"troll" Check? a Proposal for Administrative Review of Patent Litigation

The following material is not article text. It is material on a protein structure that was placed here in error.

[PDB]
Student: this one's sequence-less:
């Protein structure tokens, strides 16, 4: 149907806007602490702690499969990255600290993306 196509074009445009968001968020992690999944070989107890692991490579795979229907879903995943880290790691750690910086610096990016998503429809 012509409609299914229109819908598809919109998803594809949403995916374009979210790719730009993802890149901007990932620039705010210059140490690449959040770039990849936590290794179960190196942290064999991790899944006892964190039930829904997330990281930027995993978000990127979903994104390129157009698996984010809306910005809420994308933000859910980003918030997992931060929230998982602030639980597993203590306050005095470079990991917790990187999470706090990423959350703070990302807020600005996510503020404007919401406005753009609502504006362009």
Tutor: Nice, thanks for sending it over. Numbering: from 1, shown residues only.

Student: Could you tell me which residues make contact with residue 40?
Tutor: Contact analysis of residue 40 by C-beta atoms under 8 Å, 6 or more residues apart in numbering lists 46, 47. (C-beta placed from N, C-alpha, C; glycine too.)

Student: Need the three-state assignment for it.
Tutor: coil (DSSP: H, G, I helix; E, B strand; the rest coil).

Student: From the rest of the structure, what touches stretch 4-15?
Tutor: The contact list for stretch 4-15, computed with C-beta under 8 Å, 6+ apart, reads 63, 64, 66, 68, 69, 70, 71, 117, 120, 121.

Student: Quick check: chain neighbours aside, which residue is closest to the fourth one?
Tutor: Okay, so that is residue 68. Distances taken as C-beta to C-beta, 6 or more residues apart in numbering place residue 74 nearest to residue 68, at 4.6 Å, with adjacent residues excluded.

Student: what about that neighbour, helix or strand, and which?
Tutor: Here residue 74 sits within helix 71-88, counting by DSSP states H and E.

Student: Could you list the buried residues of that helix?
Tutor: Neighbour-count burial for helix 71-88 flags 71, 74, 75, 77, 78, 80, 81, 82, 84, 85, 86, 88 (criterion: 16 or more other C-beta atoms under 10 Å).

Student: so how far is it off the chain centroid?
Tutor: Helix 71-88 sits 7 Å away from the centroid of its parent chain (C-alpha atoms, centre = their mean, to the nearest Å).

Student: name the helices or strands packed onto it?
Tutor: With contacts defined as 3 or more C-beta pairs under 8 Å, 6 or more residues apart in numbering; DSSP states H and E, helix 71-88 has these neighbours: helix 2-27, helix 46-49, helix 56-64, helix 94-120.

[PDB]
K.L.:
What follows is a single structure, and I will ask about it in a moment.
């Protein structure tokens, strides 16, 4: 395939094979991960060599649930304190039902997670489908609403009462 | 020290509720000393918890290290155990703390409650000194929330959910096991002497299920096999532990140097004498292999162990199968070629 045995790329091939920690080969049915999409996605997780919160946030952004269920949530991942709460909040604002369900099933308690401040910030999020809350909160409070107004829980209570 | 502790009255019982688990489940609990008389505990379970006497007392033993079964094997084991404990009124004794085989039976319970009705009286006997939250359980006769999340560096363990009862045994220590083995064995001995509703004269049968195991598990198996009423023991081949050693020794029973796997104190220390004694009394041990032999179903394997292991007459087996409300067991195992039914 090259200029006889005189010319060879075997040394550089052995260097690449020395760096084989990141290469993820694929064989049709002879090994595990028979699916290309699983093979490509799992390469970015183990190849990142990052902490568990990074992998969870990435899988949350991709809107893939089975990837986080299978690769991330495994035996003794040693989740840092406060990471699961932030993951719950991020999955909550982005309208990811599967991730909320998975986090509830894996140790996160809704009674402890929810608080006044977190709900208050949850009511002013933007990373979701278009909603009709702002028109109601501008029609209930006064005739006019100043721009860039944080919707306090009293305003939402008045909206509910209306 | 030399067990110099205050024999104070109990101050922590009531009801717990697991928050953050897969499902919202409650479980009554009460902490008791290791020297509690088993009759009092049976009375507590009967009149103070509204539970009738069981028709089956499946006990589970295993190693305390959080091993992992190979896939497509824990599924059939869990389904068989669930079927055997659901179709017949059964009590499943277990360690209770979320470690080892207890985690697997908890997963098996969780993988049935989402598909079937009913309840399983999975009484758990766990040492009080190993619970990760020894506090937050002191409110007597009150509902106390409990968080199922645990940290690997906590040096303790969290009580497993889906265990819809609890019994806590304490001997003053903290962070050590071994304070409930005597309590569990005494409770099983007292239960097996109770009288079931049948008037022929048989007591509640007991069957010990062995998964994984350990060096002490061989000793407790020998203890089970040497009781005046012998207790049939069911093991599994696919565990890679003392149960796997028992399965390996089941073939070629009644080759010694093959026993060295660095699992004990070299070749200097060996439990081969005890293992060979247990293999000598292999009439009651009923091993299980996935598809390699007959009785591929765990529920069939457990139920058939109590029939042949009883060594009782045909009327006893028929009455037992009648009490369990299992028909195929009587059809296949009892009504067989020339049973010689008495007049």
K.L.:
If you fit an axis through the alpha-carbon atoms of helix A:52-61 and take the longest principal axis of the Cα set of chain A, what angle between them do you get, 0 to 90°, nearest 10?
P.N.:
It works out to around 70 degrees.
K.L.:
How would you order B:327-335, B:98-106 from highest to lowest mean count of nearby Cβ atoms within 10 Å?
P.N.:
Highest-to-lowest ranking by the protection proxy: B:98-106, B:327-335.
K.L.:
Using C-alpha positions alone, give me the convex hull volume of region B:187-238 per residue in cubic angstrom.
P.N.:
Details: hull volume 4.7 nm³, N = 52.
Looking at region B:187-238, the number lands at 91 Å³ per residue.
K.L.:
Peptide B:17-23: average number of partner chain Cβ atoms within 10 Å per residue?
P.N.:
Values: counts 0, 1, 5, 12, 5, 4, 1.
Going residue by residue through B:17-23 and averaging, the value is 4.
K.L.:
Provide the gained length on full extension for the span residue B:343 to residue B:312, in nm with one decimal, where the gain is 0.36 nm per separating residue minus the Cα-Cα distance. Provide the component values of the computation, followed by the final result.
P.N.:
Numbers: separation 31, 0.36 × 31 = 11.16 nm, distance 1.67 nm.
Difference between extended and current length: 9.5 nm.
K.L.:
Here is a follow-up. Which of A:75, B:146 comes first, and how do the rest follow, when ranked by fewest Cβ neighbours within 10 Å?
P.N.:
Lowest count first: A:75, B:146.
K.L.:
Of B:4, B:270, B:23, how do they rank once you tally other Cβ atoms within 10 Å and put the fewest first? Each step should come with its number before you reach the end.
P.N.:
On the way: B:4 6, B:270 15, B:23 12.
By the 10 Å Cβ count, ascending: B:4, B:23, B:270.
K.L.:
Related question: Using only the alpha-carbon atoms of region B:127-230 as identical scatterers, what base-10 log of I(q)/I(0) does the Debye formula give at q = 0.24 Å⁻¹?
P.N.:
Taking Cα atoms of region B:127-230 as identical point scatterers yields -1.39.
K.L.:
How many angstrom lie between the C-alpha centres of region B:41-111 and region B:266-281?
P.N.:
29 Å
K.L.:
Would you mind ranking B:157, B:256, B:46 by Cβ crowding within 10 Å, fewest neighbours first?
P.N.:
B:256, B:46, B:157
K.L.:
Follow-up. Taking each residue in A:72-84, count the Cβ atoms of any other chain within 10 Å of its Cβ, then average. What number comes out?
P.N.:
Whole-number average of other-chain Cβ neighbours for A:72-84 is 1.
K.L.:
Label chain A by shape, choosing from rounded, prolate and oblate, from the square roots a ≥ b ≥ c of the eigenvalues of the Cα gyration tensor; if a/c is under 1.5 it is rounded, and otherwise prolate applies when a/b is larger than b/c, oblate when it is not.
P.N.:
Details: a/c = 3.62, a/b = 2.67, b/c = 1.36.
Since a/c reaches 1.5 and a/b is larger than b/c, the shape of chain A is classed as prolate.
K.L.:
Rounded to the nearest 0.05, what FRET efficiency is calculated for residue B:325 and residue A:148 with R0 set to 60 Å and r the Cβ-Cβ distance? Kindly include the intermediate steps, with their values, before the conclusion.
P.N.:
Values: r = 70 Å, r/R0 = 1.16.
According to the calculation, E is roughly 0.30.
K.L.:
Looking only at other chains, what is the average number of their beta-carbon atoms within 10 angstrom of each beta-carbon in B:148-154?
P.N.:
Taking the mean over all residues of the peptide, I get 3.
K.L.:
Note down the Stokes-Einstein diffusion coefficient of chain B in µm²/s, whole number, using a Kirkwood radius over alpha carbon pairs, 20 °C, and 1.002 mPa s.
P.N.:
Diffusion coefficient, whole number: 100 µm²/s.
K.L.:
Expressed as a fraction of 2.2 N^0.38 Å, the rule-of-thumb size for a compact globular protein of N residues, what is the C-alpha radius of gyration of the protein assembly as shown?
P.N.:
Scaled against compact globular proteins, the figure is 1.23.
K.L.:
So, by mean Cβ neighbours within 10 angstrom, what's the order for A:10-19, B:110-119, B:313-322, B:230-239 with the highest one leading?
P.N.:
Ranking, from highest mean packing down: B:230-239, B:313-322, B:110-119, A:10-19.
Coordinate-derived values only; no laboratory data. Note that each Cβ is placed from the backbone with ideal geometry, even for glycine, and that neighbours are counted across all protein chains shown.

Abstract: The patent system is commonly justified on grounds of promoting social welfare and, more specifically, scientific and technological progress. For years, however, there has been concern that patent litigation in the United States is undermining, rather than furthering, these goals. The time, cost, and complexity of patent suits provide openings for opportunistic assertions of patent infringement that can generate outcomes, possibly through settlement, that represent more a distortion than a fulfillment of patents’ purpose. Such opportunistic assertions can come from any form of patent holder but have been perceived as especially associated with patent-enforcement specialists commonly derided as “patent trolls.” This article proposes a means to address the information problems that facilitate opportunistic assertion—namely, the institution of an automatic process of substantive but non-binding administrative review of new patent-infringement lawsuits. Whether conducted by an independent Patent Litigation Review Board or a division of the U.S. Patent and Trademark Office, such review would (1) help discourage—or bring to an earlier and less costly end—relatively weak patent-infringement lawsuits; (2) strengthen the hands and likely fates of both patentees and accused infringers with especially robust cases; (3) flag weaknesses in litigation positions to the benefit of both private parties and the courts; and (4) provide policymakers with more readily aggregated information that facilitates evaluation of the patent system’s performance. Multiple economic models are used to indicate the likely benefits of such review. Nonetheless, consistent with the notion that an intended benefit of such review is improved information that can shape future policy, the article proposes that the review process be adopted only on a pilot basis, with the review’s status and shape to be reevaluated before the approval of any mandate for its continuance.